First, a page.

Malaysia suspended classes in schools in the capital and surrounding areas Monday as haze triggered by Indonesian forest and plantation fires worsened.
The air pollutant index in Kuala Lumpur and several neighbouring states reached “unhealthy levels,” the Education Ministry said.
Prime Minister Najib Razak urged people in haze-affected areas to minimize outdoor activities and to use face masks when going out of their houses.
It is the second time this month that schools in the area around the capital have closed due to the haze, which is an annual hazard for Indonesia’s neighbours Malaysia and Singapore at this time of year.
The closures came after ministers from Indonesia and Singapore argued over who was to blame for not stopping the fires.
Indonesian Minister of Forestry and the Environment Siti Nurbaya Bakar late Sunday urged Singapore to be “fair,” saying her government was doing all it could to extinguish the forest fires on Sumatra and Borneo islands.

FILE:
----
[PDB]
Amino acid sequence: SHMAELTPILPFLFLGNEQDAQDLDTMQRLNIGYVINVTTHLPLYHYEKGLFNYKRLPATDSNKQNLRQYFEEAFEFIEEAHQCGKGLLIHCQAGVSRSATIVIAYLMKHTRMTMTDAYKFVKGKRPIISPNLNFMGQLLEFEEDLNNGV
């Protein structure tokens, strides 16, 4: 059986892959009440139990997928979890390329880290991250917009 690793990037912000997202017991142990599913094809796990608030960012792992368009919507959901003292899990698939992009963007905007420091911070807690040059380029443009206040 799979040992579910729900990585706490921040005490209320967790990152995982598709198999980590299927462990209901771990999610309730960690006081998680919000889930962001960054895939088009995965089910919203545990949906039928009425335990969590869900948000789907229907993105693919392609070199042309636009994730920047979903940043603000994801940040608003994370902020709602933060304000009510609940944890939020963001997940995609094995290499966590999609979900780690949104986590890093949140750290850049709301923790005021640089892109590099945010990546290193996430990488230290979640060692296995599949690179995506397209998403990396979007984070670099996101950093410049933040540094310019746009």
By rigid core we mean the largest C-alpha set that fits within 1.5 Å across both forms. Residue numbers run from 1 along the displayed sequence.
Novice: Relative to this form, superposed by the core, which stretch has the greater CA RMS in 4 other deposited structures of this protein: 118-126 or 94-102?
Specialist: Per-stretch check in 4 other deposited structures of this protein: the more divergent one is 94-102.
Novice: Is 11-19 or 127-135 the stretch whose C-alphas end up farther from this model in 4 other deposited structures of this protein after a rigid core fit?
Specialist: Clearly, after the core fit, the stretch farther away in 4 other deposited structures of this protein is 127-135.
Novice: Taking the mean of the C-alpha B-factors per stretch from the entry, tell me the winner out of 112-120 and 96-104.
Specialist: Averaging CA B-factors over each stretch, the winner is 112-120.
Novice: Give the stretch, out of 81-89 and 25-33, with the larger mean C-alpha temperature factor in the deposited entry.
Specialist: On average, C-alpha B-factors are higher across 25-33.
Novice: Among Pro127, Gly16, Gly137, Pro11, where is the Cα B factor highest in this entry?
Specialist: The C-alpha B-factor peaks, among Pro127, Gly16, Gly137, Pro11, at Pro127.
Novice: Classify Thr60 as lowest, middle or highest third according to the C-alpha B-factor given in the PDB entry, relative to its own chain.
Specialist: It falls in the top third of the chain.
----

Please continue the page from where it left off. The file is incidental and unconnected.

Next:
“We are not staying idle,” Siti was quoted as saying by state-owned news agency Antara.
“Indonesia is working hard … The president has deployed thousands of soldiers and police [to fight the fires],” she said, adding that air quality in Singapore was measured at unhealthy levels for brief periods, but not constantly.
Indonesian officials had shown “a complete disregard for our people, and their own” in their handling of the fires, Singapore Foreign and Law Minister K Shanmugam said in a Facebook post last week.
Indonesian Vice President Jusuf Kalla on Sunday urged Singapore to act on its offer to help fight the fires.
“Singapore can join and see for themselves. Don’t just talk,” Kalla was quoted as saying by Antara during a visit to New York.
Haze from forest fires on Sumatra and the Indonesian part of Borneo island is blamed on the illegal practice of open burning to clear land by small farmers and plantation companies.
Thick smog has blanketed much of the islands for two months, prompting authorities to close schools and stop some flights.